The Resolution to the Resolution
by Tom Grenchik
July 13, 2007
On June 7, by a vote of 9 to 8, the City Council of Philadelphia declared the City of Brotherly Love to be a "pro-choice city." Astonished citizens were quick to point out that it was only hours earlier that Philadelphia had earned the equally troubling distinction of being the city with the highest murder rate in the nation.
One could argue that this "pro-choice" resolution was non-binding and had no force whatsoever. But nonetheless, it was a symbol, and obviously a very important one to its backers. Pro-abortion activists and Planned Parenthood operatives have succeeded with similar resolutions in a few cities in California. Capturing Philadelphia was certainly a much greater prize than West Hollywood, a more highly celebrated. The local Planned Parenthood president declared that, "we are certain that this resolution is reflective of the opinions of a majority of Philadelphians." It seemed all was settled.
But just hours later, the battle was on to retake the city primarily because of the leadership of one churchman who was publicly willing to reject the politically correct label of "pro-choice." Cardinal Justin Rigali, taking on the City Council and the Planned Parenthood elite, immediately called on all people of good will to join him "in rejecting the divisive and erroneous label." Then he quickly mobilized the troops. He released a widely-distributed press statement, created a video message for "YouTube.com" and gave immediate and wide coverage on this issue in his diocesan newspaper that provided the names of all the city council members, their contact information and how they voted. His pastors quickly followed his lead and parishioners signed petitions, wrote letters and made phone calls to their elected representatives.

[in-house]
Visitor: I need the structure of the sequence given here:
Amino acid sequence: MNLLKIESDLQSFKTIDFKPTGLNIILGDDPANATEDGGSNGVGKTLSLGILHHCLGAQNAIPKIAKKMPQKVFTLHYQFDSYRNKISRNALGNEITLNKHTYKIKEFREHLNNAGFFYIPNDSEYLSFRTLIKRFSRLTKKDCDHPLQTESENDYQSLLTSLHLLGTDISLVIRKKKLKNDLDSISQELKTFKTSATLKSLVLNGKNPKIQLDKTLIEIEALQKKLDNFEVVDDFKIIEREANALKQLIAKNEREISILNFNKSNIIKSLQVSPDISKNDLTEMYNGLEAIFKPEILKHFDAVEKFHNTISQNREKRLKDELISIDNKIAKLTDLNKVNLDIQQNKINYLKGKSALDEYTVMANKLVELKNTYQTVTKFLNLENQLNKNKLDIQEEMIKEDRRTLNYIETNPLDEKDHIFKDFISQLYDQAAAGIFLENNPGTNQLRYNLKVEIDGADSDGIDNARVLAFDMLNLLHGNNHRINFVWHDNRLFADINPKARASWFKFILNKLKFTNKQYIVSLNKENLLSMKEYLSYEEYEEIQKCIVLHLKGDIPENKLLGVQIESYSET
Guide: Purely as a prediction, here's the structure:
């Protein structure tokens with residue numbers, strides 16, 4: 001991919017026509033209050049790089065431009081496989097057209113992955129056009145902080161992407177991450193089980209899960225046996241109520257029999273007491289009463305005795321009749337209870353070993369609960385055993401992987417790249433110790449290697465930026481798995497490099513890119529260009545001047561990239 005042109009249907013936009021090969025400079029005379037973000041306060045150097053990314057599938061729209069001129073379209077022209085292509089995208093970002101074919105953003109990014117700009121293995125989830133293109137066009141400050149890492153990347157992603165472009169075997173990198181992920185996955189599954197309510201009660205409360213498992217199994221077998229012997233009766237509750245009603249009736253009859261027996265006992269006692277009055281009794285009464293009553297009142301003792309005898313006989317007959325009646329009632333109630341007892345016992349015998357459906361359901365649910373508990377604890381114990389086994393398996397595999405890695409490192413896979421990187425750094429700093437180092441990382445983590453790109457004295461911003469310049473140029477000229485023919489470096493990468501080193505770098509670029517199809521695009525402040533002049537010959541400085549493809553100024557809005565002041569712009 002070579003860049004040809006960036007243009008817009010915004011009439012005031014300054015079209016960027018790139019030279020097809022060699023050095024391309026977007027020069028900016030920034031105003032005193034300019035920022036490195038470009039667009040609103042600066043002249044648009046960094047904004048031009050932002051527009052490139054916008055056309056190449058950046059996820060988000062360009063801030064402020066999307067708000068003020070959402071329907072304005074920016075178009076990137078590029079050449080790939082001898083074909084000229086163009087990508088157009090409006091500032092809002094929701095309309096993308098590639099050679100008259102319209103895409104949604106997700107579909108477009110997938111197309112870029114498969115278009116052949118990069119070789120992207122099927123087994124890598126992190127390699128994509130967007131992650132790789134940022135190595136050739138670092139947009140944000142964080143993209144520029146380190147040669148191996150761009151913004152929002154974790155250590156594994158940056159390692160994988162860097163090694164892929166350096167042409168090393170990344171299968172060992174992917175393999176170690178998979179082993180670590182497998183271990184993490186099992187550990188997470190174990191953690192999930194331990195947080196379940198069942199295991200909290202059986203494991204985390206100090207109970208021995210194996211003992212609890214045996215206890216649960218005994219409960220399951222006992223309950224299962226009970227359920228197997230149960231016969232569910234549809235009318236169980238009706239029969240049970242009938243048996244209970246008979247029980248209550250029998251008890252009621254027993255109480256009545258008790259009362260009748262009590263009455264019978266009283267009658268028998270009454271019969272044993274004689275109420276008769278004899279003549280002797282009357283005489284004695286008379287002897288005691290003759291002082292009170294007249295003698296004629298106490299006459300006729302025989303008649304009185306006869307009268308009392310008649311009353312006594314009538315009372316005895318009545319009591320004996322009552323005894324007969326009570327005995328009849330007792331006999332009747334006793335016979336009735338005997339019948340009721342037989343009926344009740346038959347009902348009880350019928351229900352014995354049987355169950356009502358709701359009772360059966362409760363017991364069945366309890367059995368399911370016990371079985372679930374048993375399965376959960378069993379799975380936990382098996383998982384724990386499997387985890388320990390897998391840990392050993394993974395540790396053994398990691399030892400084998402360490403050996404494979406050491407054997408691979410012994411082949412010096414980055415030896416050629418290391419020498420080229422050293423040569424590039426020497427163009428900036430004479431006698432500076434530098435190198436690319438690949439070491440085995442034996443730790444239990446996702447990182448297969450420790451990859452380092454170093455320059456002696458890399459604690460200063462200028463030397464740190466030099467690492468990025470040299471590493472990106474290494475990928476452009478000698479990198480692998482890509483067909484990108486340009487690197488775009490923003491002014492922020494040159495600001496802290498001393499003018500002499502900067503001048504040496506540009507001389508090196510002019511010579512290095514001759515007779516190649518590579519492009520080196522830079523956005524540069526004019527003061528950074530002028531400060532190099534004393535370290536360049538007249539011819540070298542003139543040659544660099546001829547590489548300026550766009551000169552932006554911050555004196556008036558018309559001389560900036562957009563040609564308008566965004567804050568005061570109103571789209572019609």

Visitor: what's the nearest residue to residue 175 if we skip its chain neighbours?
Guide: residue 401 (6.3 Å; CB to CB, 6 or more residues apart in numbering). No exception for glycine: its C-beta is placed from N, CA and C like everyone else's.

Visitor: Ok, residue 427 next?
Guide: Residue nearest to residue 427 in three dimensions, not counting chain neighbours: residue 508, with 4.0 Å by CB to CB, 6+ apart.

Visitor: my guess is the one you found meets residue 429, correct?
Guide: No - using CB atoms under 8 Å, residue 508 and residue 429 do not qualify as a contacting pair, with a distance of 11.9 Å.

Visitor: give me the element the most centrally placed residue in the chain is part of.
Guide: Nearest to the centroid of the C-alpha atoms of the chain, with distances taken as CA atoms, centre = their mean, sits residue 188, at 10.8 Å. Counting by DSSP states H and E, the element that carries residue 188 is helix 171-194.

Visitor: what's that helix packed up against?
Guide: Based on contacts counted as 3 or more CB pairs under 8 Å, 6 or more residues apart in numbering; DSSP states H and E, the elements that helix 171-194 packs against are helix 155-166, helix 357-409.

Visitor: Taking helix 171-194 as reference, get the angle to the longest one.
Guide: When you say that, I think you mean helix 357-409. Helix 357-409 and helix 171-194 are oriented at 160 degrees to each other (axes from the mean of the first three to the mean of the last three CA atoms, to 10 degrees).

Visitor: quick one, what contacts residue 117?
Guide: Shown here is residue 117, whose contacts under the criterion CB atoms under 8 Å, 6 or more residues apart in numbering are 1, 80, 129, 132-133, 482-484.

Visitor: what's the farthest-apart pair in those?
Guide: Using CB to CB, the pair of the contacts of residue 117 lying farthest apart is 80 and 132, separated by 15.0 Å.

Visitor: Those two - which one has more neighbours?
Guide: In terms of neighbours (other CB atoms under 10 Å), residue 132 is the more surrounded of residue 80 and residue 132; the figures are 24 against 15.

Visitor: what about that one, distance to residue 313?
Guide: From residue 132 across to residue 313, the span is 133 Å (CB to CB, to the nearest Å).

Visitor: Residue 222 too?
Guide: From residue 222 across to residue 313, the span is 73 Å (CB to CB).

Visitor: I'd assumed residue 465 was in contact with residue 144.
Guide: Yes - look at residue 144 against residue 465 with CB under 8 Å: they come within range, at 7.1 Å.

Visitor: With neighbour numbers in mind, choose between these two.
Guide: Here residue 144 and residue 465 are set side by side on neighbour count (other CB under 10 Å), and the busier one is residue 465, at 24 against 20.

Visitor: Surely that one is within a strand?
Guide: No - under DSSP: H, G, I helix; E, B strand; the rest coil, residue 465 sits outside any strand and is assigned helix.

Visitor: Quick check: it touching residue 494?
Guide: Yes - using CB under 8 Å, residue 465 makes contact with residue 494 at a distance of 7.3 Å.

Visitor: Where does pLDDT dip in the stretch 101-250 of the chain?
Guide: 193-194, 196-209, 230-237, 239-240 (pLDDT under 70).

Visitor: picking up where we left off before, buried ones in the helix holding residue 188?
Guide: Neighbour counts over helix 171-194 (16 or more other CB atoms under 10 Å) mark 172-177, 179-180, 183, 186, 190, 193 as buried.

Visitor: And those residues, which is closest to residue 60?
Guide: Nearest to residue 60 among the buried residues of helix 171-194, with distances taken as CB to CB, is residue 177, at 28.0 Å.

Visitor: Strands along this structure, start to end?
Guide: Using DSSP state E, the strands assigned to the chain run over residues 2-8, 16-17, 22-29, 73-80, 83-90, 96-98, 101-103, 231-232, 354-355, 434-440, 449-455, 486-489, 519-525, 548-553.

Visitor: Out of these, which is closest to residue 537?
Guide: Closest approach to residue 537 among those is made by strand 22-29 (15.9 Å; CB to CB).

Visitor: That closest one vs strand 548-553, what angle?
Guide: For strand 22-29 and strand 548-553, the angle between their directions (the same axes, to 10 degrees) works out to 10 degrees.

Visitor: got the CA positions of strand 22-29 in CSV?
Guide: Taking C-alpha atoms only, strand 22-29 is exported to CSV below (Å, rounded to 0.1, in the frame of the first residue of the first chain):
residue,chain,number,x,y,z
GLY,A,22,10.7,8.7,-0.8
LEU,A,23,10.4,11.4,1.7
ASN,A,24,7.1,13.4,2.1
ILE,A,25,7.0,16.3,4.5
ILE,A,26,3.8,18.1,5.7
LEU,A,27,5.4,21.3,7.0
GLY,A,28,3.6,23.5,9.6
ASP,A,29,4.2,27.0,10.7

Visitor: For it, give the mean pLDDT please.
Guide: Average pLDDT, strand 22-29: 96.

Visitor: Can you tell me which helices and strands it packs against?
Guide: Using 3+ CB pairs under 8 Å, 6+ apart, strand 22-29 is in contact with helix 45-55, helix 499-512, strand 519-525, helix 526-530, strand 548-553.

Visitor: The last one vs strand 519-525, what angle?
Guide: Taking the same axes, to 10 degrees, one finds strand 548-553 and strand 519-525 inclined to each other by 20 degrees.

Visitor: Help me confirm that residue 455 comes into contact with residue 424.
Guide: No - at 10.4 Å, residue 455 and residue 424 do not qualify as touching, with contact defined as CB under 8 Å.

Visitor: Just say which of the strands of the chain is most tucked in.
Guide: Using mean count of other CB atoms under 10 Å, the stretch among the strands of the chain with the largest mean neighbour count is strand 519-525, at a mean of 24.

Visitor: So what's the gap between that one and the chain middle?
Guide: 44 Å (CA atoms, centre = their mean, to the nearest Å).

Just one week later, at their very next meeting, the Philadelphia City Council rescinded the "pro-choice" label by a vote of 13 to 4. A number of council members credited Cardinal Rigali with the quick reversal of the "pro-choice" resolution and most agreed that they never wanted to go down this road again. The once-confident local president of Planned Parenthood is probably still wondering what happened to one of the shortest-lived resolutions in the history of the city.
This may sound easy now, but that was a rough week for the Church and the pro-life community in Philadelphia. When the Cardinal spoke out, he had no idea what the response would be. He didn't call a committee, take a poll or gather a focus group. He simply acted as a shepherd and protected the flock in his city (but would quickly deny that he had done anything extraordinary).
What can we learn from this? We should be reminded of the critical importance of strong leaders who have the courage to take on challenging situations and the confidence to call others to join them. We can recall that pastors have tremendous influence on their congregations when they teach by example. We should remember that elected leaders can dramatically change their minds when they hear from enough constituents. And we can take heart in the fact that lies cannot last. The truth will always win out. Sometimes it may take generations. But sometimes, praise God, the "resolution" comes quickly.
Tom Grenchik is the Executive Director of the Secretariat for Pro-Life Activities, U.S. Conference of Catholic Bishops.